"This adaptive-adolescence view, however accurate, can be tricky to come to terms with—the more so for parents dealing with teens in their most trying, contrary, or flat-out scary moments. It's reassuring to recast worrisome aspects as signs of an organism learning how to negotiate its surroundings. But natural selection swings a sharp edge, and the teen's sloppier moments can bring unbearable consequences. We may not run the risk of being killed in ritualistic battles or being eaten by leopards, but drugs, drinking, driving, and crime take a mighty toll. My son lives, and thrives, sans car, at college. Some of his high school friends, however, died during their driving experiments. Our children wield their adaptive plasticity amid small but horrific risks."
So what are we parents to do? All parents want their kids to survive the teenage years!
"We parents, of course, often stumble too, as we try to walk the blurry line between helping and hindering our kids as they adapt to adulthood. The United States spends about a billion dollars a year on programs to counsel adolescents on violence, gangs, suicide, sex, substance abuse, and other potential pitfalls. Few of them work."
"Yet we can and do help. We can ward off some of the world's worst hazards and nudge adolescents toward appropriate responses to the rest. Studies show that when parents engage and guide their teens with a light but steady hand, staying connected but allowing independence, their kids generally do much better in life. Adolescents want to learn primarily, but not entirely, from their friends. At some level and at some times (and it's the parent's job to spot when), the teen recognizes that the parent can offer certain kernels of wisdom—knowledge valued not because it comes from parental authority but because it comes from the parent's own struggles to learn how the world turns. The teen rightly perceives that she must understand not just her parents' world but also the one she is entering. Yet if allowed to, she can appreciate that her parents once faced the same problems and may remember a few things worth knowing."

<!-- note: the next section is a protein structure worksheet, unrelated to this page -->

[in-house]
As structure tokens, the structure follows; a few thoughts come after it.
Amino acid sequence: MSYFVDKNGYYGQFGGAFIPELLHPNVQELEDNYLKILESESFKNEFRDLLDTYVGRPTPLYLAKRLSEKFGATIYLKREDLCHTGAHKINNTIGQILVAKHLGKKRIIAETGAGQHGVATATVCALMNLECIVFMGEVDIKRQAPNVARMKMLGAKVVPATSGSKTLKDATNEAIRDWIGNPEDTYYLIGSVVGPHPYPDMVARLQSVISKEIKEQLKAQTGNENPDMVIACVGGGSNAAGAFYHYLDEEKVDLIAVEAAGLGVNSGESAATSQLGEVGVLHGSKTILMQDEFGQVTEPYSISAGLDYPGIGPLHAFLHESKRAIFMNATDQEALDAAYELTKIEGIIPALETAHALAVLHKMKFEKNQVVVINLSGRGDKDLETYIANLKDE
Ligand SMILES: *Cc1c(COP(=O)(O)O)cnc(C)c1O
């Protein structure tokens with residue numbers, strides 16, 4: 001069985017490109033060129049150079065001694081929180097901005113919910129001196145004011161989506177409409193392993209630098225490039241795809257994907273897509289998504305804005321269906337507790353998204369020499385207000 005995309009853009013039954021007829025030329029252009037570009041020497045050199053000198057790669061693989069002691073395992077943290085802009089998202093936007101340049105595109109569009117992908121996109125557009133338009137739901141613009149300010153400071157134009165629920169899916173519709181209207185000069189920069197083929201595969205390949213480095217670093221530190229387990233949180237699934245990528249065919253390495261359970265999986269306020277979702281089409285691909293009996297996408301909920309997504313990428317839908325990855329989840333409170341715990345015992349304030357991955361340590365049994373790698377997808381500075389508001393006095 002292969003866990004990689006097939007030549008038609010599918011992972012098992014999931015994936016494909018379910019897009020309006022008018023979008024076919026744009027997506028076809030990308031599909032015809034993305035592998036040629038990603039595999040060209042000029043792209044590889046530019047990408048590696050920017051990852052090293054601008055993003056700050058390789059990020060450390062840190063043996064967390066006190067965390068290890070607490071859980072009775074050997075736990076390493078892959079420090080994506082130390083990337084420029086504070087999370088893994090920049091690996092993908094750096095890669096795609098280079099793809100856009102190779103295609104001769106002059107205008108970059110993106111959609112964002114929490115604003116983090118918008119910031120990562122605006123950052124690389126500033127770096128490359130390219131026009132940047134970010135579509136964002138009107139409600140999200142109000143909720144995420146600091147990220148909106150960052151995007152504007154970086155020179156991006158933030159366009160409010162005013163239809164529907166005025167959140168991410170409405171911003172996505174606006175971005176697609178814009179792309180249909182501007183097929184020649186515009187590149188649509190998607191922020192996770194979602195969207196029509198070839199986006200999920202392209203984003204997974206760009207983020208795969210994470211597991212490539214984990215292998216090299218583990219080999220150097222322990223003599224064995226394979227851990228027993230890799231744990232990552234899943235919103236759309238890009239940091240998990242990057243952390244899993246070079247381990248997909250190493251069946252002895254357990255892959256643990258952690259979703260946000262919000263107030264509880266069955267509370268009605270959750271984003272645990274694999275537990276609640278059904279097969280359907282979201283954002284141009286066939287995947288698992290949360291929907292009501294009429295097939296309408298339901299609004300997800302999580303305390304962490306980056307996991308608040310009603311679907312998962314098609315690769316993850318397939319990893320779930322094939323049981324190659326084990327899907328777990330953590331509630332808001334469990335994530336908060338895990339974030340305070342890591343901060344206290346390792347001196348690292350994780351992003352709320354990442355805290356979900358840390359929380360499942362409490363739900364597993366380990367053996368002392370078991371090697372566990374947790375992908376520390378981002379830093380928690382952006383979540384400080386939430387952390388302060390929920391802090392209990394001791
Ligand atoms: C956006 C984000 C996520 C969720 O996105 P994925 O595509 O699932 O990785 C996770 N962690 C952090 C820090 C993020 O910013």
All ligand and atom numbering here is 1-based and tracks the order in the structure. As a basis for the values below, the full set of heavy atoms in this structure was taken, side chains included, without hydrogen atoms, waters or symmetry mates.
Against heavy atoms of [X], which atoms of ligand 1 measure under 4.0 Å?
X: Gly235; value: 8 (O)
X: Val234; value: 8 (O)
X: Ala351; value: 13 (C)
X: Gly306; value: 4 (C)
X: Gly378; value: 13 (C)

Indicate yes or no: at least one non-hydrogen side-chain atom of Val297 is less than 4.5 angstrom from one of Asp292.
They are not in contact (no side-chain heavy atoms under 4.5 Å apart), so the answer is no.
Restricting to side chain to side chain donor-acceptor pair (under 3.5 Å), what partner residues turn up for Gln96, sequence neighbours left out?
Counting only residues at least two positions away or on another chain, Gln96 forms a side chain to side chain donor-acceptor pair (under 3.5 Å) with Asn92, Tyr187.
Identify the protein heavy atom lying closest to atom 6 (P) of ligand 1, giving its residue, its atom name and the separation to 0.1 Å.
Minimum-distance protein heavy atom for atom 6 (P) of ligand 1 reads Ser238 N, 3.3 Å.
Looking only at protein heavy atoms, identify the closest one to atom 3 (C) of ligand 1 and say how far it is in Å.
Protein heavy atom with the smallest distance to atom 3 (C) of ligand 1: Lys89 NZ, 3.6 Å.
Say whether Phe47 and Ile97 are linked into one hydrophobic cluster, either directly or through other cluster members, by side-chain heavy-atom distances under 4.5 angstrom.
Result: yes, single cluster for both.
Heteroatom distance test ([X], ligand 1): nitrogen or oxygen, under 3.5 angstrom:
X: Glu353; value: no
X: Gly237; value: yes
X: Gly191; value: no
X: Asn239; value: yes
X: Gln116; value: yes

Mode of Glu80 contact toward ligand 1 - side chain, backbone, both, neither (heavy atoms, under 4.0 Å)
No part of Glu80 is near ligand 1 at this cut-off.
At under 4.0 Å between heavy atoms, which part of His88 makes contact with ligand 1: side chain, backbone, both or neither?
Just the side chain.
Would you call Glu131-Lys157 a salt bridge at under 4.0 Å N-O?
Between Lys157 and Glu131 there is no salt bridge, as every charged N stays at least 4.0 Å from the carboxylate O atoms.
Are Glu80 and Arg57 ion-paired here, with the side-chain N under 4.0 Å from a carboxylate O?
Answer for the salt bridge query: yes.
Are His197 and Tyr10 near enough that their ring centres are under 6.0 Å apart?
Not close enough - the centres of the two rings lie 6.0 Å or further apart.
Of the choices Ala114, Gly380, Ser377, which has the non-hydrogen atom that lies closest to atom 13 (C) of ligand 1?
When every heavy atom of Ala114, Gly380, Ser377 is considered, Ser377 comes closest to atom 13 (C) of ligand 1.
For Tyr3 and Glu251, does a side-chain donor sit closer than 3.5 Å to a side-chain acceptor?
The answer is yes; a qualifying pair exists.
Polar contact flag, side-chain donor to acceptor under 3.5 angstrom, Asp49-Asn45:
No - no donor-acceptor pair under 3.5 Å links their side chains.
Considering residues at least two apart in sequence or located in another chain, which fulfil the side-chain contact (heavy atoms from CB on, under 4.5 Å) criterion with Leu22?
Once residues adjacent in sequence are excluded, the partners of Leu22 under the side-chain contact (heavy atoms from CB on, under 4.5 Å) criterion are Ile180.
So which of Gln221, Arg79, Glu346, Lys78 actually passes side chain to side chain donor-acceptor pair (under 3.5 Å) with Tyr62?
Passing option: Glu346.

After reading this article I was reassured that the parenting style that my husband and I have forged is a good one. Well, we thought so before this but it is nice to see what we've been doing seems in line with what someone else is recommending.
In our family, we have rules and limits, reasonable ones. We offer guidance and advice but don't shove it down our kids throats. We let them have their freedom within certain limits and it kills us to watch them make mistakes, but they do.
We let them use their free will, and we let them learn from natural consequences, although sometimes it takes making the same mistake over and over. We are raising kids who are independent with their thinking and with their actions, so, making mistakes is inevitable.
We have provided our kids with an opportunity for a peer network, we don't isolate our kids, despite the stereotype that homeschoolers are isolated, ours are not. Yet we do not have our kids living lives of peer-dominance either. Our kids time ratio is more time with one or both parents than time with peers, and very little time totally alone with peers (which is when they get into the most trouble).
My husband and I are here to listen and to counsel our kids, not to be dictators or controllers of their body and minds. We are always here for our kids even when they screw up.
Most importantly we love them unconditionally.
Active parenting is hard work. Attachment parenting has been hard work. I think it is worth it!